In our customer-driven economy, the value of feedback from customers cannot be overstated. Consider alone the sums expended on conducting focus groups, surveys, beta and free launches - all for the purpose of gathering input from users in order to help improve, and in some cases, actually design products and services. Gone are the days when businesses paternalistically dictate to users what’s best for them. Businesses that understand the desires of their customers and that can quickly implement and rollout products and services meeting those desires will have a critical advantage over competitors. This is true in business-to-business market as well as in business-to-consumer markets.
So who owns customer feedback?
Customer feedback may or may not be something ownable as intellectual property or restrictable as a trade secret. If it’s not ownable, then you can do what you want with it, but if it is ownable, then you will need rights from the person or company providing that feedback. The last thing you want is to incorporate into your product or service a suggestion or improvement originating from a customer, and then finding yourself on the receiving end of a customer claim for compensation for revenues derived from using that suggestion or improvement.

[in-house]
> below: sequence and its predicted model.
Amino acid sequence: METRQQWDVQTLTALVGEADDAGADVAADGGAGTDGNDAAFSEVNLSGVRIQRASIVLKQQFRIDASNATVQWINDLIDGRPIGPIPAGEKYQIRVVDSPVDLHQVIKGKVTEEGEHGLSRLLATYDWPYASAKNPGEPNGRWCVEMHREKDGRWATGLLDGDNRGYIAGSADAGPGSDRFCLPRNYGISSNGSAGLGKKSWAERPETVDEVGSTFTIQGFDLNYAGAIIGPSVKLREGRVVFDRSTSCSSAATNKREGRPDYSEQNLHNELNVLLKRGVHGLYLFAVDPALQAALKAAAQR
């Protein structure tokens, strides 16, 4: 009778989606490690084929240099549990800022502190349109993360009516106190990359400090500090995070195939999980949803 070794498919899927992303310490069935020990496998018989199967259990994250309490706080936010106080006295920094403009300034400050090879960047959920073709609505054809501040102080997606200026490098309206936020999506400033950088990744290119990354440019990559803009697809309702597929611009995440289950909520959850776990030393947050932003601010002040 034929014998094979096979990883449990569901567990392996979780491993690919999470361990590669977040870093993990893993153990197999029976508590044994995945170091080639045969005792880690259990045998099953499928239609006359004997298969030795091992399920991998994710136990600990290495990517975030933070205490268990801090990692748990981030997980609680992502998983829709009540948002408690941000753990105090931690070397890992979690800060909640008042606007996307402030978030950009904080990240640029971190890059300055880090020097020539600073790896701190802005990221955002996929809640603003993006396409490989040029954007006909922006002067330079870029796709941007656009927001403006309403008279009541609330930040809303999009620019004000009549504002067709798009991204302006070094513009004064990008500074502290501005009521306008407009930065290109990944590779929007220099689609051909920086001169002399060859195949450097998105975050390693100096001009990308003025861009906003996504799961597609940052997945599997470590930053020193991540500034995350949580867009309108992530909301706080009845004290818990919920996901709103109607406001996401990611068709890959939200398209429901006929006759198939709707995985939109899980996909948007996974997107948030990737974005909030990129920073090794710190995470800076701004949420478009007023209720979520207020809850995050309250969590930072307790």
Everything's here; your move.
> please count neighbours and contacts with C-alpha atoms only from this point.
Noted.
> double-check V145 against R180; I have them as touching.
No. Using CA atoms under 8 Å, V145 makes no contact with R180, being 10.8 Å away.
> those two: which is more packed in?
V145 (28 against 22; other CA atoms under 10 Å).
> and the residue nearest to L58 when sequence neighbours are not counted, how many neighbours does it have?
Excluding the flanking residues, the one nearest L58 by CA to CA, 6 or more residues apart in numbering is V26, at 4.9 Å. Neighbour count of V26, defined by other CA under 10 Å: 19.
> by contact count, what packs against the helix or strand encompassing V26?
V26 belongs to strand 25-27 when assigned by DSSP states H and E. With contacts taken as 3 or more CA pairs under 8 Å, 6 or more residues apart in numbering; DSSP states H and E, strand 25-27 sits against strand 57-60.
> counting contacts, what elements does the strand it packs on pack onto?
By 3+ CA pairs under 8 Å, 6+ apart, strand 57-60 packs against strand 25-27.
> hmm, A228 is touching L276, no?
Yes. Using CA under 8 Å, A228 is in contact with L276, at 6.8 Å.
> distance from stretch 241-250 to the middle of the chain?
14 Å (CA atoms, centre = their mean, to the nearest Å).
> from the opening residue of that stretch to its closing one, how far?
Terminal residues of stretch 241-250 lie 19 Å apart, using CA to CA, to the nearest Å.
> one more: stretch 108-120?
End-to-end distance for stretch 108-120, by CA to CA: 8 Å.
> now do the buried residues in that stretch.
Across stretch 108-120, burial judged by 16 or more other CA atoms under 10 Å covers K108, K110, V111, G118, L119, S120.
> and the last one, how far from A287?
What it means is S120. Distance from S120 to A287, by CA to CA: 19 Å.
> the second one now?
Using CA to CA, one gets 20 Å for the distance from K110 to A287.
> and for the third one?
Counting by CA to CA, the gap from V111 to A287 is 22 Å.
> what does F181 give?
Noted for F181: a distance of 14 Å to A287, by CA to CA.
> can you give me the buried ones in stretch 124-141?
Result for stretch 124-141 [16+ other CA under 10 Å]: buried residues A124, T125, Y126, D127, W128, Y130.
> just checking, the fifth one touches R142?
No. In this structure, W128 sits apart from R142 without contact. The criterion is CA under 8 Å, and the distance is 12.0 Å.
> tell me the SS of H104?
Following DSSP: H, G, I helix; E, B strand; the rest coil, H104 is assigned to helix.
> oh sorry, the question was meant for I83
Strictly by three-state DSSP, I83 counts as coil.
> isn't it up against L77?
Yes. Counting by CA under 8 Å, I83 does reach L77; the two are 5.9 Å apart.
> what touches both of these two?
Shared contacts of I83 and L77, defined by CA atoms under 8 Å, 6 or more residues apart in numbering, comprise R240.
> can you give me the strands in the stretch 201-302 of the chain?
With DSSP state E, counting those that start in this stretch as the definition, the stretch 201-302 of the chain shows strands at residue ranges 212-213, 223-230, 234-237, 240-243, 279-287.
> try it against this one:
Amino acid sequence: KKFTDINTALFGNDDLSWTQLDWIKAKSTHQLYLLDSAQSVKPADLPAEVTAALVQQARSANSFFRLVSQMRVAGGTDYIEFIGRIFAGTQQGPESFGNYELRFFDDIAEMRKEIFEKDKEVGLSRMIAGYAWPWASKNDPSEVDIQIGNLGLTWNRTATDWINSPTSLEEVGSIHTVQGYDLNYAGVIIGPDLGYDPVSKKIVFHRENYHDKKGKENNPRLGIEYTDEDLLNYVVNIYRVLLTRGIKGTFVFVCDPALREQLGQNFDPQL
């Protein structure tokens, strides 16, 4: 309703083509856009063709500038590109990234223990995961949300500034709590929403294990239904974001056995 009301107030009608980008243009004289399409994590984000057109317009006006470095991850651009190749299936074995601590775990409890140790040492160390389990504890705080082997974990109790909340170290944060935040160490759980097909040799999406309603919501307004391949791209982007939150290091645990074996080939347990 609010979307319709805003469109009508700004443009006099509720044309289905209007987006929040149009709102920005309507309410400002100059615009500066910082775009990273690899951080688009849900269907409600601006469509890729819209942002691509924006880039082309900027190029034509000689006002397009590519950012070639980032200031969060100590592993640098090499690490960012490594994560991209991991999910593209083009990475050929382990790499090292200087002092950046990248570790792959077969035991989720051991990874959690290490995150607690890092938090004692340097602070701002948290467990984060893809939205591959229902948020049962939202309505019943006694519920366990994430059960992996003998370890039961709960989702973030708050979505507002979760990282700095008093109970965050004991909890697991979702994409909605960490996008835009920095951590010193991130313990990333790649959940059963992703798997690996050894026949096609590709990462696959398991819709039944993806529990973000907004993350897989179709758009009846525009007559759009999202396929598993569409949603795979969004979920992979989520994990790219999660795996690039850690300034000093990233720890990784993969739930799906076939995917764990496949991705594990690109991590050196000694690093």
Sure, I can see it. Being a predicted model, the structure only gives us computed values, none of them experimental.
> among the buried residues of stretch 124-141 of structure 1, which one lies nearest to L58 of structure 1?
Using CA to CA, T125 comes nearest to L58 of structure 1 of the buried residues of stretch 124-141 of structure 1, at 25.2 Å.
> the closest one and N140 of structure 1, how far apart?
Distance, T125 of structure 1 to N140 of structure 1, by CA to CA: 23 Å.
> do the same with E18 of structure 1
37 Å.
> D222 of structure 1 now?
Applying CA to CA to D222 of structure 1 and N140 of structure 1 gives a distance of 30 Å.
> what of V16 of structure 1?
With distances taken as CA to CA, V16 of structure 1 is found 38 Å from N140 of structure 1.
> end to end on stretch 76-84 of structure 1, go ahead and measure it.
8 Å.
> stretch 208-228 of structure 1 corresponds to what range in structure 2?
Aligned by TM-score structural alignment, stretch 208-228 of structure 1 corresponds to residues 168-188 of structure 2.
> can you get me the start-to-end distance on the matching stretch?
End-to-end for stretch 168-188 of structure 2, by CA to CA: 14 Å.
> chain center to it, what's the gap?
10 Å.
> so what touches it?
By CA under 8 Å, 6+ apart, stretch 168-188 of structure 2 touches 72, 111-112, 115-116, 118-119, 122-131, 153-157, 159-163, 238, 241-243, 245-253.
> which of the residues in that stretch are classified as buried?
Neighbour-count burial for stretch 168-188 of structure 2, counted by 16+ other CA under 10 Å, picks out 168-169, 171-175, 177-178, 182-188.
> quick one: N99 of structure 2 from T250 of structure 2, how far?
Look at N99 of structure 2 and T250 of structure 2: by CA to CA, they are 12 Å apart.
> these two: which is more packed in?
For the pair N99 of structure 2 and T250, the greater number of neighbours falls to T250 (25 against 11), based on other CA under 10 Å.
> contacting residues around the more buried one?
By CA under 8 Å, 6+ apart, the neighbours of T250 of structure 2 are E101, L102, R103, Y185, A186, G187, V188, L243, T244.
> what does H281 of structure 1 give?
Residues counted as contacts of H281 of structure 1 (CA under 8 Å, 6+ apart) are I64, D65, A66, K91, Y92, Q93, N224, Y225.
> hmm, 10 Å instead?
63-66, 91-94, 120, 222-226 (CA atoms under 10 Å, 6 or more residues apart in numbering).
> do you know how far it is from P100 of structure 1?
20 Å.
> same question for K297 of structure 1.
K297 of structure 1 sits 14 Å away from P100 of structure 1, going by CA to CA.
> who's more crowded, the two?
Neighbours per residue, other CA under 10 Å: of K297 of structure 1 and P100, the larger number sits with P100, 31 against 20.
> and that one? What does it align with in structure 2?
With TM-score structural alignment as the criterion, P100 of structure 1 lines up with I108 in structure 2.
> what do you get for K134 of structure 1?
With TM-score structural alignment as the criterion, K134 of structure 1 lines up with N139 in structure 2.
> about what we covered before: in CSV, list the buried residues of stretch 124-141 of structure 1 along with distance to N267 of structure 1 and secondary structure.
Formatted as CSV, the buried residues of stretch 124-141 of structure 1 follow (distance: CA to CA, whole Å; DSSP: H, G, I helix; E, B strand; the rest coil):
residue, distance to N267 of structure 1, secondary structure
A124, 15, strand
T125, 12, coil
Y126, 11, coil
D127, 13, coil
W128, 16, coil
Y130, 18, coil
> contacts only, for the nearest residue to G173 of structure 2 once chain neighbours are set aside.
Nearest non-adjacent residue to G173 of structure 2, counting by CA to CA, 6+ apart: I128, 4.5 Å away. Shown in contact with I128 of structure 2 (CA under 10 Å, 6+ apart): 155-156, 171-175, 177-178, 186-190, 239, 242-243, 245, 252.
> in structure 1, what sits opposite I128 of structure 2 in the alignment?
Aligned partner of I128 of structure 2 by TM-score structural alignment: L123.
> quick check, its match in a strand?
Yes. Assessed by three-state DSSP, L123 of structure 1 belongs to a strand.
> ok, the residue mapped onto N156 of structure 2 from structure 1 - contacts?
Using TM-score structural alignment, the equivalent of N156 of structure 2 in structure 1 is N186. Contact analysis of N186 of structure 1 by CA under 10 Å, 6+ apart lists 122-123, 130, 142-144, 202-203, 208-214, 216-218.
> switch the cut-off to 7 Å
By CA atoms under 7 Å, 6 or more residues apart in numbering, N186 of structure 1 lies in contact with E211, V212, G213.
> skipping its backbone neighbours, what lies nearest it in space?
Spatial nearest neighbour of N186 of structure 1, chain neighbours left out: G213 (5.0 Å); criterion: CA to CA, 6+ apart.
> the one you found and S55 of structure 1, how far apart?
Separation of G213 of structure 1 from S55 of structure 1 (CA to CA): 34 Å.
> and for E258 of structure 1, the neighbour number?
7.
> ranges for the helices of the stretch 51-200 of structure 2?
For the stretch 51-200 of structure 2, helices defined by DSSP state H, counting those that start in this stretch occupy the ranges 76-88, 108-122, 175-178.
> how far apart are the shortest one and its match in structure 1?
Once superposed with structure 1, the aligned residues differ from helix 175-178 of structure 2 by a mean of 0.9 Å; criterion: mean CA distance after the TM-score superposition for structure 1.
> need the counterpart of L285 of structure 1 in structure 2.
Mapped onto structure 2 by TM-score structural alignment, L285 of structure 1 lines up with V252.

The simplest way the issue of ownership of feedback is handled is by inserting a “Feedback Clause” into an agreement that the customer enters into. This clause should be included in online terms and conditions, an end user license agreement, a beta test participation agreement, evaluation agreement, collaboration agreement or any other similar type of agreement under which feedback might be solicited or received.
Drafting feedback clauses
A feedback clause can grant you a broad license to use feedback or grant you ownership in the feedback.
Broadly drafted license rights can give you equivalent use rights as ownership. A broad license grant would include a non-exclusive, perpetual, irrevocable, worldwide, royalty-free license to use any feedback or modifications suggested by the customer.
An assignment of ownership has the advantage that these rights can be exclusively exercised by you. However, for this same reason, an assignment of ownership is likely to be objected to by the customer because the customer runs a risk of inadvertently granting exclusive rights in ideas that the customer may want to use in its own products or services. Nevertheless, there are circumstances where actual ownership of feedback would be preferred and therefore should be considered.
A feedback clause should also state that the feedback is to be considered not confidential information of the customer so that there are no disclosure or use restrictions on the feedback.
In order to properly draft a feedback clause, the circumstances must be evaluated to determine whether ownership or a license should be granted, and if a license, then how broad the license should be. Customers entering into agreements with such clauses should inform their employees about such clauses to prevent rights in company intellectual property from being granted to a third party inadvertently.